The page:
Swiss ski resorts remain in high demand

07 December 2023

Please note: The external views expressed in this article are not the views of Barclays Private Bank, and forecasts are not a reliable indicator of future performance. Professional advice should always be sought when selling or buying property.

After the pandemic-induced "vertiginous price growth"1, property values in the Swiss Alps are beginning to recalibrate to more manageable levels. Yet, the captivating lure of these alpine retreats remains as strong as ever, especially as ski resorts continue to adapt and elevate their year-round offerings. 

“We’ve seen ski property values increase 15% per year since the pandemic’s onset2, or more in some resorts – it’s clear the market couldn’t sustain this,” says Jeremy Rollason, Head of Savills Ski.

The pandemic-era's twin catalysts – a new-found hunger for outdoor pursuits, and the rise of remote work and flexible lifestyles – ignited an initial surge in ski property prices. This uplift was further amplified by pent-up demand that exploded as travel restrictions loosened their grip, unleashing a wave of buyers eager to experience the appeal of alpine living.

However, amidst all the pandemic’s disruptions, one force has remained steadfast: the relentless, gradual slow rise in winter temperatures. “It’s felt like we’ve had three consecutive years of dismal snow in Europe, that’s only been exacerbated by lockdowns – you would think it would have been a perfect storm of negativity for the ski industry,” says Alex Koch de Gooreynd, a Partner at Knight Frank.

“Yet, people have kept coming back in their numbers to enjoy the well-groomed slopes, and demand for ski properties has only intensified. And this enthusiasm has been further fuelled by an early start to the current ski season, with resorts across Europe celebrating bumper snowfall.”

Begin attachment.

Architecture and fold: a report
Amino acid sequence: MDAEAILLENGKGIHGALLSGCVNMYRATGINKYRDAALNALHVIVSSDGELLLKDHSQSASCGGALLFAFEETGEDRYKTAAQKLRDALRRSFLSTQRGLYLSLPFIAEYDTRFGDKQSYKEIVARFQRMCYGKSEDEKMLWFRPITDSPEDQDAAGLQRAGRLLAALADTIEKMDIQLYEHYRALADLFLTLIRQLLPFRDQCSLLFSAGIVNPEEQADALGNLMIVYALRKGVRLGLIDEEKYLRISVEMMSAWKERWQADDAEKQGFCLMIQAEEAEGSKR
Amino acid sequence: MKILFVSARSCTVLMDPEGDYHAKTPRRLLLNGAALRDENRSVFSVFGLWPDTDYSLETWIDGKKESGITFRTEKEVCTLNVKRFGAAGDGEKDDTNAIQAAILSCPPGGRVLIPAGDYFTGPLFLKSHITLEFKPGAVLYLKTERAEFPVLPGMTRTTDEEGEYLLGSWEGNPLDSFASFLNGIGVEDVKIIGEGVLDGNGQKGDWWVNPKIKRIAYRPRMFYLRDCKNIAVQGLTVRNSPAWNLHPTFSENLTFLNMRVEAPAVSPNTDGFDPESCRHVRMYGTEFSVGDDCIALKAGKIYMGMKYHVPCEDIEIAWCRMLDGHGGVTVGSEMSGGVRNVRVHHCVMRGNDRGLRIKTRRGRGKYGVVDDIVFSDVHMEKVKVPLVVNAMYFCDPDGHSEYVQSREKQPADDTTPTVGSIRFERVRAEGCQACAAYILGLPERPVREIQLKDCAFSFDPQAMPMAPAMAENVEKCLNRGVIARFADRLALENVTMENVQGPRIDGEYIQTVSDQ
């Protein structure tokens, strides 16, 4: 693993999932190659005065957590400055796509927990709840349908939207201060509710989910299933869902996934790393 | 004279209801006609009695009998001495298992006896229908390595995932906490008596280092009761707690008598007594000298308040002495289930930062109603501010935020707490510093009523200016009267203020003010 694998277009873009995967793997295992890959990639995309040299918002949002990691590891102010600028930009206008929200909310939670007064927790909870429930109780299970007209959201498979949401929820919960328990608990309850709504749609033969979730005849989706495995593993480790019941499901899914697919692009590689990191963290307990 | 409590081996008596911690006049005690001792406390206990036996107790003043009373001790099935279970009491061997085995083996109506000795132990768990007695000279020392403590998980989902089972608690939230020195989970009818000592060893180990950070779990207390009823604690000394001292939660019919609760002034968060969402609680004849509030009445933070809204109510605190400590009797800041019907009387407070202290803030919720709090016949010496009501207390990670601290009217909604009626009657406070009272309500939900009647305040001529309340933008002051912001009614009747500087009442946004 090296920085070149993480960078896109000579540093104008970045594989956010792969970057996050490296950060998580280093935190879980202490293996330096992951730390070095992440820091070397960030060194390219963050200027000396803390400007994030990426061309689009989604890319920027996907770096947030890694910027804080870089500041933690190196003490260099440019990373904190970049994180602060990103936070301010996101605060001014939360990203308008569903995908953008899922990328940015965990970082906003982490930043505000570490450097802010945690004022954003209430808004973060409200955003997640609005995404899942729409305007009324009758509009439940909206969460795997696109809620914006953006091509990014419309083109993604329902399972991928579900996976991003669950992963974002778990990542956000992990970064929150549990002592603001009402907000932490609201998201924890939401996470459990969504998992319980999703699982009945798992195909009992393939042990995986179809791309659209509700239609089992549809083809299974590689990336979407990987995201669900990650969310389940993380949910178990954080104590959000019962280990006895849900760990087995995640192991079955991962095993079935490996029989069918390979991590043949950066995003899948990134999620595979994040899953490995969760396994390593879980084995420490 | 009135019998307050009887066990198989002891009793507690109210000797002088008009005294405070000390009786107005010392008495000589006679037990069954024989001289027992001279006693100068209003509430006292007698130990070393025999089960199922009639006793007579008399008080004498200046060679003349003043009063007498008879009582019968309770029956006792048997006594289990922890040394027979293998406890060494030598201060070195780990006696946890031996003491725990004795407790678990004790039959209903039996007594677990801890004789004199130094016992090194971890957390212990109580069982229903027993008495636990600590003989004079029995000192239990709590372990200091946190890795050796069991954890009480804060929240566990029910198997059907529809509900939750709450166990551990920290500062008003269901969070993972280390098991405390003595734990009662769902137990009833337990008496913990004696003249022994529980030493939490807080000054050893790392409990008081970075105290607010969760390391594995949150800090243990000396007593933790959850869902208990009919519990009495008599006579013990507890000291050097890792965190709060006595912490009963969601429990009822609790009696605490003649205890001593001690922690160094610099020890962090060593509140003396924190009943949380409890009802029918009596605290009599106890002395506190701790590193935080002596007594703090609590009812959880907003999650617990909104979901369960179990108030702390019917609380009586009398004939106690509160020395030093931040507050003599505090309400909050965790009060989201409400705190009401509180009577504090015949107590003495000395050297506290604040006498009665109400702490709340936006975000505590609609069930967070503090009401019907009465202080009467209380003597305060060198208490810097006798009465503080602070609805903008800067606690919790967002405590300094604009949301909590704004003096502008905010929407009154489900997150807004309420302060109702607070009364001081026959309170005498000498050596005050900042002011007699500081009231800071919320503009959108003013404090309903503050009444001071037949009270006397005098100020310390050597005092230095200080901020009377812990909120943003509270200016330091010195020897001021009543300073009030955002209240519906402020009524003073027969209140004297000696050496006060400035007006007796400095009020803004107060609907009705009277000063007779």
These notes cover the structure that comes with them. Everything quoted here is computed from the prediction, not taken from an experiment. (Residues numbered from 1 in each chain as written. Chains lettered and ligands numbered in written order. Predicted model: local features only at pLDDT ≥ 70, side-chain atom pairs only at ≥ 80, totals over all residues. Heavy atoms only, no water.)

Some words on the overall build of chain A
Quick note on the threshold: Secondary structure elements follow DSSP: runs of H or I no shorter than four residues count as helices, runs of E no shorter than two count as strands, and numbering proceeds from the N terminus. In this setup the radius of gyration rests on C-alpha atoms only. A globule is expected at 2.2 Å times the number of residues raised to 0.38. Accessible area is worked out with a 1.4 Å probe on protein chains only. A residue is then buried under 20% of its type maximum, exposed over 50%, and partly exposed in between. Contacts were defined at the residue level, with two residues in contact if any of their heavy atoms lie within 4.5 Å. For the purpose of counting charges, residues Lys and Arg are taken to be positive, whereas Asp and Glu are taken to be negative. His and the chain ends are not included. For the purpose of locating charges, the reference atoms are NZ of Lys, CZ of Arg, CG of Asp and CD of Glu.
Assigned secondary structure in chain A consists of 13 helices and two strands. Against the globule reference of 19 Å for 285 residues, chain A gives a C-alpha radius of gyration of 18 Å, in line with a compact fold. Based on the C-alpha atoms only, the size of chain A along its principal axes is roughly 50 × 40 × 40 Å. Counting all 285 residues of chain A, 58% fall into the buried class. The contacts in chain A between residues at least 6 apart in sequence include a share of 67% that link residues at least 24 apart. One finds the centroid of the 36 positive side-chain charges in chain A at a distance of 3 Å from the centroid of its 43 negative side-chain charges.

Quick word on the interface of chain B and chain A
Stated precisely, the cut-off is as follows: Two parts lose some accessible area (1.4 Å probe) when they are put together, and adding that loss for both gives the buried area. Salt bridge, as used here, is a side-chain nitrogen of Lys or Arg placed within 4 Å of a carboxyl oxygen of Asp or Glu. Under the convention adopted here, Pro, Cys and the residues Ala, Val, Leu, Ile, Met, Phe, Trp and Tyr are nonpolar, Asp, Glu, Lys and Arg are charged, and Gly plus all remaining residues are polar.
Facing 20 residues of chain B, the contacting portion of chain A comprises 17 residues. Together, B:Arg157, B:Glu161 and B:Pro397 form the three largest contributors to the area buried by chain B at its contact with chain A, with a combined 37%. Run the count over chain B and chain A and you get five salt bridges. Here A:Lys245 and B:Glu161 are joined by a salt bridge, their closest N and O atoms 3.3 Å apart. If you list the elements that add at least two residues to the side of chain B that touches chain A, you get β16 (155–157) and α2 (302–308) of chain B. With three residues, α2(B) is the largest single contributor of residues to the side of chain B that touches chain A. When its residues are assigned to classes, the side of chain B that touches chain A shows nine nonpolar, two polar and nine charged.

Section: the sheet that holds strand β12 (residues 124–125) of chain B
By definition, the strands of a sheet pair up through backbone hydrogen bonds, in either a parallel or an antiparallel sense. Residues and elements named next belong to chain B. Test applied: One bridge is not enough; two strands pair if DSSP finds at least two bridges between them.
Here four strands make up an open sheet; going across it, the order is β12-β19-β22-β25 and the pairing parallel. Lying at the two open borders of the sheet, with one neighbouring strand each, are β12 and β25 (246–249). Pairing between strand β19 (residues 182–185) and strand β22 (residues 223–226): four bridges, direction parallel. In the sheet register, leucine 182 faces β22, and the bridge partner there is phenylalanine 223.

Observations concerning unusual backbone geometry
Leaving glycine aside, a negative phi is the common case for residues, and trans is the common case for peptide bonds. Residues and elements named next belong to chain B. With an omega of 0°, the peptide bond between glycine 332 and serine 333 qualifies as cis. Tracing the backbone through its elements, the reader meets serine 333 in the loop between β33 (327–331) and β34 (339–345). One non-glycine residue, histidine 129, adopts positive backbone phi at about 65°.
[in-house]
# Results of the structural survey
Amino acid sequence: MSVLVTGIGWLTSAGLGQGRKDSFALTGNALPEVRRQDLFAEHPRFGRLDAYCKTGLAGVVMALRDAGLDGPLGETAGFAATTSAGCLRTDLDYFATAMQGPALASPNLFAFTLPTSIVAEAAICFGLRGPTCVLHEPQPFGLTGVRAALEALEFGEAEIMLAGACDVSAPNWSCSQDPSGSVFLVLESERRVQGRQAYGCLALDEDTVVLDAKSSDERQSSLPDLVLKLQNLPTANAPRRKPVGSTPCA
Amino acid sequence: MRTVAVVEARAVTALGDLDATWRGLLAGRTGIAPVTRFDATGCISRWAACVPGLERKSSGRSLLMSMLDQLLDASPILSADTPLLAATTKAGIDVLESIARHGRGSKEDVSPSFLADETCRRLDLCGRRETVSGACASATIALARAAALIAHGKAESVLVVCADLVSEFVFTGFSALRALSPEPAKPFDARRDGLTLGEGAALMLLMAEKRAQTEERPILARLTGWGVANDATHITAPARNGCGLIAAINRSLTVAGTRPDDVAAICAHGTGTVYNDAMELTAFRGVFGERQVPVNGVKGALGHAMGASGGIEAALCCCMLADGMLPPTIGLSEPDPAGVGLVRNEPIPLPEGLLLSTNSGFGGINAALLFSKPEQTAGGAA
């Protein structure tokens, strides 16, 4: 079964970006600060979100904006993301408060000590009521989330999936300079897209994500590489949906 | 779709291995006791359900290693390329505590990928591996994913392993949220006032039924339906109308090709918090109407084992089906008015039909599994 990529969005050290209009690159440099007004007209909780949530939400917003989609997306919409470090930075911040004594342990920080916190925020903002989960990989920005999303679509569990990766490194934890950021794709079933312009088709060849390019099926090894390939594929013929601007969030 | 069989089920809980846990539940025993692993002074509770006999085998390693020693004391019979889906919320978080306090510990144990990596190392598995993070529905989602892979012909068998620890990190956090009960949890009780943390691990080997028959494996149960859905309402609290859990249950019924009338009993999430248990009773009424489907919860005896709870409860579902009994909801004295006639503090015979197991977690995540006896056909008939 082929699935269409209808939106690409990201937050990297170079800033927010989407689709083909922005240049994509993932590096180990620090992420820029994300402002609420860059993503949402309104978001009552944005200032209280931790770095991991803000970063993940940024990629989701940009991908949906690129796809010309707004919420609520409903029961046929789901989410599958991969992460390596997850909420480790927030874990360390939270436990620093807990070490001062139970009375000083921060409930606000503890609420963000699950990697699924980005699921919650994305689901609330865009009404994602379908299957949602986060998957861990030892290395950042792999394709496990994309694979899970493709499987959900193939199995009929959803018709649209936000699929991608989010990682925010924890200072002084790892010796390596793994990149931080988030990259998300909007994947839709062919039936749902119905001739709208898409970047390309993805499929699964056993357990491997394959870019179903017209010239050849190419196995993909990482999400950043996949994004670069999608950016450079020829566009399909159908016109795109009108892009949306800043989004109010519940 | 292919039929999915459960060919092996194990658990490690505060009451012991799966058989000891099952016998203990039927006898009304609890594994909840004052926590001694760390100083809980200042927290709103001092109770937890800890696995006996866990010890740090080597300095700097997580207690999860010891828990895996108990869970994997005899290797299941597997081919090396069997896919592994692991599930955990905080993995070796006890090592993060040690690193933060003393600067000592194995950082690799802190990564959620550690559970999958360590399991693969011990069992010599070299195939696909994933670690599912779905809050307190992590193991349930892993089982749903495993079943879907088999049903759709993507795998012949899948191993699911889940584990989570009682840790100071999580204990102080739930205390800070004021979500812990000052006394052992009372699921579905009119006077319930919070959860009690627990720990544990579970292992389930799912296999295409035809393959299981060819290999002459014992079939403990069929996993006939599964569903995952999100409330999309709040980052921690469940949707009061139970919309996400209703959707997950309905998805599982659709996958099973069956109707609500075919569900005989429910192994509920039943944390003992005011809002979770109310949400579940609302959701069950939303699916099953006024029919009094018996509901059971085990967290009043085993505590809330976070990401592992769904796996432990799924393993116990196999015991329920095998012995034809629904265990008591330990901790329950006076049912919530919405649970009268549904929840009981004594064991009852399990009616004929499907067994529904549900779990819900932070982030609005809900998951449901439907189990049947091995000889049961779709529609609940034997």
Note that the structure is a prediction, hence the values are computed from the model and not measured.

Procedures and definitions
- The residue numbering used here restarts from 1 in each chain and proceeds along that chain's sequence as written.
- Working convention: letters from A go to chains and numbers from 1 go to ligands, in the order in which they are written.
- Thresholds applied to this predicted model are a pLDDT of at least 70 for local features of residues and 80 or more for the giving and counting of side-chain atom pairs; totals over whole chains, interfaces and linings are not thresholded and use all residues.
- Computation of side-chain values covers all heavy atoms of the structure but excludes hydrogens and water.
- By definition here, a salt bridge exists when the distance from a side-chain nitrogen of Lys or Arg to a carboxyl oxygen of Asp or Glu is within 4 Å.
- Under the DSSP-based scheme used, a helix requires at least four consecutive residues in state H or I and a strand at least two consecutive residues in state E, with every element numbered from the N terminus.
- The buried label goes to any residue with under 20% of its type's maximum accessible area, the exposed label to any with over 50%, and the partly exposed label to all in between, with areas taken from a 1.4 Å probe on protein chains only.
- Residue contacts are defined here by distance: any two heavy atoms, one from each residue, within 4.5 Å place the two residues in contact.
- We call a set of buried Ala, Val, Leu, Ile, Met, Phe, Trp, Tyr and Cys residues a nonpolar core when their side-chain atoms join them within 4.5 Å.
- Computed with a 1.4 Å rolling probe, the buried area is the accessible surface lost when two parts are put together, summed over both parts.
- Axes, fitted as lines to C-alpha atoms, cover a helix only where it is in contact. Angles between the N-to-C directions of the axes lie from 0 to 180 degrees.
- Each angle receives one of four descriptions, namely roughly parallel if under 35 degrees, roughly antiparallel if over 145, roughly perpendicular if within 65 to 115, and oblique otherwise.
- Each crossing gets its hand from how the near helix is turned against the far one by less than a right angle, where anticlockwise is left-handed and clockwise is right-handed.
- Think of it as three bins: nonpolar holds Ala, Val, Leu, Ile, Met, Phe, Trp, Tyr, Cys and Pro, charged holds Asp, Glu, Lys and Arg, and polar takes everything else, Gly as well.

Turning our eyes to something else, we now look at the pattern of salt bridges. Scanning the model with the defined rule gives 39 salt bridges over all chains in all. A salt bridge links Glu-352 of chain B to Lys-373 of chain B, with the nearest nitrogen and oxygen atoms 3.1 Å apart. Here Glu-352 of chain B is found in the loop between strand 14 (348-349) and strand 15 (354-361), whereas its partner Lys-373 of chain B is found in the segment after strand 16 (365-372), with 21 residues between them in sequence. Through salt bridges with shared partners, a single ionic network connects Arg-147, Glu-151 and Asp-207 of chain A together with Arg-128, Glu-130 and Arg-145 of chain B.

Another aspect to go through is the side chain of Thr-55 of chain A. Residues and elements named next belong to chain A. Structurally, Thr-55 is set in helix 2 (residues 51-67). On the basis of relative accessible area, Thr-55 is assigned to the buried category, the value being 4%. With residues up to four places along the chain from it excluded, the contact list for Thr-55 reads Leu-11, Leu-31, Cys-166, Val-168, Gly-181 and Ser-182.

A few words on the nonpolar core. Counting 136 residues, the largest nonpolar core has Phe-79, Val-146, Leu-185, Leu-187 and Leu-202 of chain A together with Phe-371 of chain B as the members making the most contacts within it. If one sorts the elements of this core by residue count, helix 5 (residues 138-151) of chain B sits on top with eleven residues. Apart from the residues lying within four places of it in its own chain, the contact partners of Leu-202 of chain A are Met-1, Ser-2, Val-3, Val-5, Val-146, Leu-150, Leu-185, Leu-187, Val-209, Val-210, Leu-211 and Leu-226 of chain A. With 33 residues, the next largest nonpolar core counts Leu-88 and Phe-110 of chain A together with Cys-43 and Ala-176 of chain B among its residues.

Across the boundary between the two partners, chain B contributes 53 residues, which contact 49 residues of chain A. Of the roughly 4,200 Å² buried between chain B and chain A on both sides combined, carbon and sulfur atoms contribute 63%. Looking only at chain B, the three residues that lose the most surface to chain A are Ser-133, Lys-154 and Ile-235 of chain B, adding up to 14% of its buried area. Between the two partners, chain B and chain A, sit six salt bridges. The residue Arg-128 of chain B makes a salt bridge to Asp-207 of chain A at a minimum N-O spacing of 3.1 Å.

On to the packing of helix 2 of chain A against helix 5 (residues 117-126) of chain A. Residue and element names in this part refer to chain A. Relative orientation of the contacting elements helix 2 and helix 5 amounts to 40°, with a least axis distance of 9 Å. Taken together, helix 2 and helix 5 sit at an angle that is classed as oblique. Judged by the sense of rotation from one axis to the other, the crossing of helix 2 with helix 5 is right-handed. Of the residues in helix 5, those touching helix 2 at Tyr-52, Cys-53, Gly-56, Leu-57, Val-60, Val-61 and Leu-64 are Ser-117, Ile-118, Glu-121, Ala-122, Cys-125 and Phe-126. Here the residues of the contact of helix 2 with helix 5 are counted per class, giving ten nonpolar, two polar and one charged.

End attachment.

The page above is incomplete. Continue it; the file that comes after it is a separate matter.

This positivity also stems from advancements in artificial snowmaking, which now extends the ski season beyond its natural limits (more than half of all the ski slopes in the Swiss Alps can now be artificially covered with snow3). And while snowpack levels have been in long-term decline, there is still a substantial covering of natural snow each winter, with average summit depths reaching a healthy 230cm in Verbier4 and 220cm in Zermatt5. It paints an optimistic picture. 

“Amidst the backdrop of the pristine Swiss Alps glistening under a blanket of fresh snow, a subtle, yet significant, shift is taking place in the global luxury property market,” observes Stephen Moroukian, Head of Product and Proposition for Real Estate Financing at Barclays Private Bank. “A two-tiered market is emerging, where the most sought-after properties, particularly in the Swiss Alps, are poised to command record prices due to a heightened appreciation for ‘best-in-class’ properties. Meanwhile, other properties may be facing pricing pressures as lingering concerns around inflation, central bank policies and market volatility persist.”

Year-round fun – beyond the snow